There are many reasons why someone might have epilepsy. In Matthew 4:23 - 25 we see Jesus journeying through out Galilee teaching in the church of the day, speaking good news to those he encountered and healing all sorts of sickness. In 4:24 it talks about how people brought their loved ones to Jesus, in this case Matthew lists epilepsy as a separate condition as 'various diseases and pains, demoniacs, epileptics and paralytics' (NRSV) so I hold firm to the reality that yep God could heal my Epilepsy. If that was their will, but they also have created Dr's and pharmacists and research teams who are now able to give me the gift of medication. My Dr is literally an angel, he has been brilliant at explaining, loving and helping me to find ways forward and all with gentleness and kindness. 

One day perhaps my angioma will leave, maybe it will grow. Either way God is still God and I am not seeking out 'healing ministry'. I believe in a God who hears the whispers of our hearts, already knows all about my epilepsy and still loves me and invites me into a wild adventure. There really is no need for you to tell God about it.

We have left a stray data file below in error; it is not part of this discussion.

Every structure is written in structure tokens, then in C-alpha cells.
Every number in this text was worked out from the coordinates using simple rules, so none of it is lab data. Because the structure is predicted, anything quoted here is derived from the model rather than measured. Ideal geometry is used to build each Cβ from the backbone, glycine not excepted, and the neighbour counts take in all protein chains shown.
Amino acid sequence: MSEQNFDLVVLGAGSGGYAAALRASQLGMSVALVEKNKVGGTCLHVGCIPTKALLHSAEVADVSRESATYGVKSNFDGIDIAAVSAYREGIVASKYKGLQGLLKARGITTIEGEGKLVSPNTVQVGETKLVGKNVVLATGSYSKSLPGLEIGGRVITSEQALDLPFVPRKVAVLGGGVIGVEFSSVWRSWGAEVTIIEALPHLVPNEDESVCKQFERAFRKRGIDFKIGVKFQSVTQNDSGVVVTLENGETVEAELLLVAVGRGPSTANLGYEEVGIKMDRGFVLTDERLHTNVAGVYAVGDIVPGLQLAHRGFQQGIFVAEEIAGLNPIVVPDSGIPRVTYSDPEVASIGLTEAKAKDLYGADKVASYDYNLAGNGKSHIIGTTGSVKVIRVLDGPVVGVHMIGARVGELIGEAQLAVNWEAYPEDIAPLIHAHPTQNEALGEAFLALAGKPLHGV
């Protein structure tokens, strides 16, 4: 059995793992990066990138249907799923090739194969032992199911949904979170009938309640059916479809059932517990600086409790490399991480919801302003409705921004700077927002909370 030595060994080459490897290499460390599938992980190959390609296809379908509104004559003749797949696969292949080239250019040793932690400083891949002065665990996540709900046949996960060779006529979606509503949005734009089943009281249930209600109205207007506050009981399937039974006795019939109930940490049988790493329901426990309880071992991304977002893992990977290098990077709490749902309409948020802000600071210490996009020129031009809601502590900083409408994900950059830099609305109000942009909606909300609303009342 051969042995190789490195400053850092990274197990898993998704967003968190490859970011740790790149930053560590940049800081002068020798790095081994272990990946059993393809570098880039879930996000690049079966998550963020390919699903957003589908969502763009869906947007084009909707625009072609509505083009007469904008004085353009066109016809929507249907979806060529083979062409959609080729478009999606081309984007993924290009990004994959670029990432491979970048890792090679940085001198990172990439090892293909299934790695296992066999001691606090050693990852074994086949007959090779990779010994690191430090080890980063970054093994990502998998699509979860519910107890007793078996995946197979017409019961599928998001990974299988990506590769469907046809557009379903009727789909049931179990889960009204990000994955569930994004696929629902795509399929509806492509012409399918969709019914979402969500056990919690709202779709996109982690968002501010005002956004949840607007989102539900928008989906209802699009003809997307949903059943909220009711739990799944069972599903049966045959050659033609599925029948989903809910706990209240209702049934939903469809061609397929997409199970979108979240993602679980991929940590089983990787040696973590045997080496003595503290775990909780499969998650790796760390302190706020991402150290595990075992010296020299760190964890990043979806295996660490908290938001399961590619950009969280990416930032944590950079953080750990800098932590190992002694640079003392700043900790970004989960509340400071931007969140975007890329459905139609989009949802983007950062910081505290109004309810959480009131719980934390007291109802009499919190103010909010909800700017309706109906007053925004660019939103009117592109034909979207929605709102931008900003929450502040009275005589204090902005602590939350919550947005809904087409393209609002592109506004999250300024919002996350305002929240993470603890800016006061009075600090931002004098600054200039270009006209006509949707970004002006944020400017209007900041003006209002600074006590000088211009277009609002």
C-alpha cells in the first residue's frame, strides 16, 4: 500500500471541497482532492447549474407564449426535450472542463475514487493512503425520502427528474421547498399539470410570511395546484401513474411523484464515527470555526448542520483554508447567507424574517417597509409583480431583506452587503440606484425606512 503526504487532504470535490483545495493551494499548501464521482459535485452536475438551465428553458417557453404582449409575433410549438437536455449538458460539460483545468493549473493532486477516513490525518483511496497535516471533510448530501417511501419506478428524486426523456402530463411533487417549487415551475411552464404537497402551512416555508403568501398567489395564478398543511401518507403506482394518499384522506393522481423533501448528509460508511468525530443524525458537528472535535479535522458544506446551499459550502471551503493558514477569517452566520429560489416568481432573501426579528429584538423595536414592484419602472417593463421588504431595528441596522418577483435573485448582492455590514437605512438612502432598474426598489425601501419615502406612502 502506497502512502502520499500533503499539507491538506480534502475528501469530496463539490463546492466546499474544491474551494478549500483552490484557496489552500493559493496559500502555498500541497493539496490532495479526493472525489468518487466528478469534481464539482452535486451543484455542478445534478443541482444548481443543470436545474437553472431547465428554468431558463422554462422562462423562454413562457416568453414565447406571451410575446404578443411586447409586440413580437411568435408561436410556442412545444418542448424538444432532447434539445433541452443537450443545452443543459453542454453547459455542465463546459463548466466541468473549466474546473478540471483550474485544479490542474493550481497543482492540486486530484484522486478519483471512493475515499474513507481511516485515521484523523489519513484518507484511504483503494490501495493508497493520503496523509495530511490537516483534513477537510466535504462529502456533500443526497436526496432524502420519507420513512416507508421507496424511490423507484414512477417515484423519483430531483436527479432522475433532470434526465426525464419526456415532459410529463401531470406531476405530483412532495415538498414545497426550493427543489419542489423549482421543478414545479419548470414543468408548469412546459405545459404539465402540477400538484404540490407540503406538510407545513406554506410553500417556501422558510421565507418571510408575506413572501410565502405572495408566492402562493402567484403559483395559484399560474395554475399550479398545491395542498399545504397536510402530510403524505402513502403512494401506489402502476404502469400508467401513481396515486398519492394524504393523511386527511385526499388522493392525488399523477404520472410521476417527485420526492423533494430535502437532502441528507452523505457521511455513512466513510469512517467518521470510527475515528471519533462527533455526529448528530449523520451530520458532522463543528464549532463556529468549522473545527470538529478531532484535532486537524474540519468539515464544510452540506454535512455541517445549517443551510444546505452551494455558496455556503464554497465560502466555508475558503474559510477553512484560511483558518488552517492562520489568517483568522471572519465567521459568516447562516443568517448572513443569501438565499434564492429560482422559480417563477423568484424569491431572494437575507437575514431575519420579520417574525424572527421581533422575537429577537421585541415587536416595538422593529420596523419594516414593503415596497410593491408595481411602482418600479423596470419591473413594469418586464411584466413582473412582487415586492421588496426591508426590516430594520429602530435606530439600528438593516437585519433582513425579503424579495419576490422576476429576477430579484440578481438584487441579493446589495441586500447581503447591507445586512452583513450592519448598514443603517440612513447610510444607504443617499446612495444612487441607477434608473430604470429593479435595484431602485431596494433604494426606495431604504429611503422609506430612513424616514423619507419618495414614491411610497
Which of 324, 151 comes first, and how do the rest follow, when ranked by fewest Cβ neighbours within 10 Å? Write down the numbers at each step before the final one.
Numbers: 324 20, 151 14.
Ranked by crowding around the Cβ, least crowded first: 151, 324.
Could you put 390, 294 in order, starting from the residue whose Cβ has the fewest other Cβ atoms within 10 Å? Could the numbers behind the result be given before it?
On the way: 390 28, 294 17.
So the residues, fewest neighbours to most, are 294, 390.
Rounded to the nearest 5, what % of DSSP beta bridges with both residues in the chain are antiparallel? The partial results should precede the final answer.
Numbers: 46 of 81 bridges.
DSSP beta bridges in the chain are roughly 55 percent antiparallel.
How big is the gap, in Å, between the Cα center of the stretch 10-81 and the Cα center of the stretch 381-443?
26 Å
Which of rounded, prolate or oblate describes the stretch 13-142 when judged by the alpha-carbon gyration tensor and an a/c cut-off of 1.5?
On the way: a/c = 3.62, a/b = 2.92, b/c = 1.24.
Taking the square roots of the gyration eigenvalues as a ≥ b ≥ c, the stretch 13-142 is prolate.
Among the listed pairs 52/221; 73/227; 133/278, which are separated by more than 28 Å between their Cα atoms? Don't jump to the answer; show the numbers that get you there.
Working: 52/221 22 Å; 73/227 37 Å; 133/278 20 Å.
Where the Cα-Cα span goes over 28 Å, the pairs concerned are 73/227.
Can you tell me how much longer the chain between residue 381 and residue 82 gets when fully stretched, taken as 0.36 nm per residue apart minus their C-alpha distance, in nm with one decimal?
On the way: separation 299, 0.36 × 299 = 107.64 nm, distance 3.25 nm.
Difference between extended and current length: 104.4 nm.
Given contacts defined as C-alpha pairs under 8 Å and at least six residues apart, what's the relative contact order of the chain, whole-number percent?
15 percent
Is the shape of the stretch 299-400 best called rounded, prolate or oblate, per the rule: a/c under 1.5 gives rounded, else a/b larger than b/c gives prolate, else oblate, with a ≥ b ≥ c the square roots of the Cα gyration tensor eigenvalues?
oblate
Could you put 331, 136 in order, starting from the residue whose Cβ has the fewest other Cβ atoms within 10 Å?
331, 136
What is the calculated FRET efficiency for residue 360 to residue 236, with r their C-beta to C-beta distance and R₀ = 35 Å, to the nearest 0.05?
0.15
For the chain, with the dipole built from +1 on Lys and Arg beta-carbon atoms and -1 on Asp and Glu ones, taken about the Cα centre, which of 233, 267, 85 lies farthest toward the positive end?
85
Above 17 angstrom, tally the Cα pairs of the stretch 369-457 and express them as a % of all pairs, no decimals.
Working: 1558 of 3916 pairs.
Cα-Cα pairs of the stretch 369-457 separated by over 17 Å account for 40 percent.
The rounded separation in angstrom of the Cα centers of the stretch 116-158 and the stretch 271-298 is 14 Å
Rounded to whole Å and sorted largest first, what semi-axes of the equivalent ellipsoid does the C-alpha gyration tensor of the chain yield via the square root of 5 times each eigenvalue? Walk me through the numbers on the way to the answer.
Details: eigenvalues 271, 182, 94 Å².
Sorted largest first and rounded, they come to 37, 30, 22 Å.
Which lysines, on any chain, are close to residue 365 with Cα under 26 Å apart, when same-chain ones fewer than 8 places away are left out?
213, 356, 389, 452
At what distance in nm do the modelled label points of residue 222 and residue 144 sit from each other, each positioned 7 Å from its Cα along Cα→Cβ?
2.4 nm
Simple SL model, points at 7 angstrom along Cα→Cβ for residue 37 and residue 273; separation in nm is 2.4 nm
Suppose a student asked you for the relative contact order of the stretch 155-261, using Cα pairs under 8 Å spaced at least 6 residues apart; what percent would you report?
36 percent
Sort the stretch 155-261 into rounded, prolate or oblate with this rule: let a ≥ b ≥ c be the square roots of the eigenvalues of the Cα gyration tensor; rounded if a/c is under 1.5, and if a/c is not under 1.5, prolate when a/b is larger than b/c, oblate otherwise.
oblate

Since all this though, I have also seen the power of God at work, in speaking about epilepsy with boldness, and not letting shame silence me, I have met others who also have epilepsy. Some of which have been struggling more than me to get their head round it, some who are not yet in a place to be proactive at trying to manage it as the Dr's and Nurses advise and some whose families feel a little like mine, constantly anxious of what could, might or might not happen every single second of the day. Together in our shared experience I believe Christ is present, speaking good news, reminding us that we are not alone, that shame is not a coat for us to wear and ultimately that with our epilepsy we are still fearfully and wonderfully made.  

Truth is everything is NOT exactly as it was. 

But it doesn't mean life stops. Life is an ever evolving state. As they say the only constant is change. 

Adventures await even if we have to adjust the plans and even if this means you have to join me when it's skinny dipping time!* 

* Jokes as if you can skinny dip in the Thames!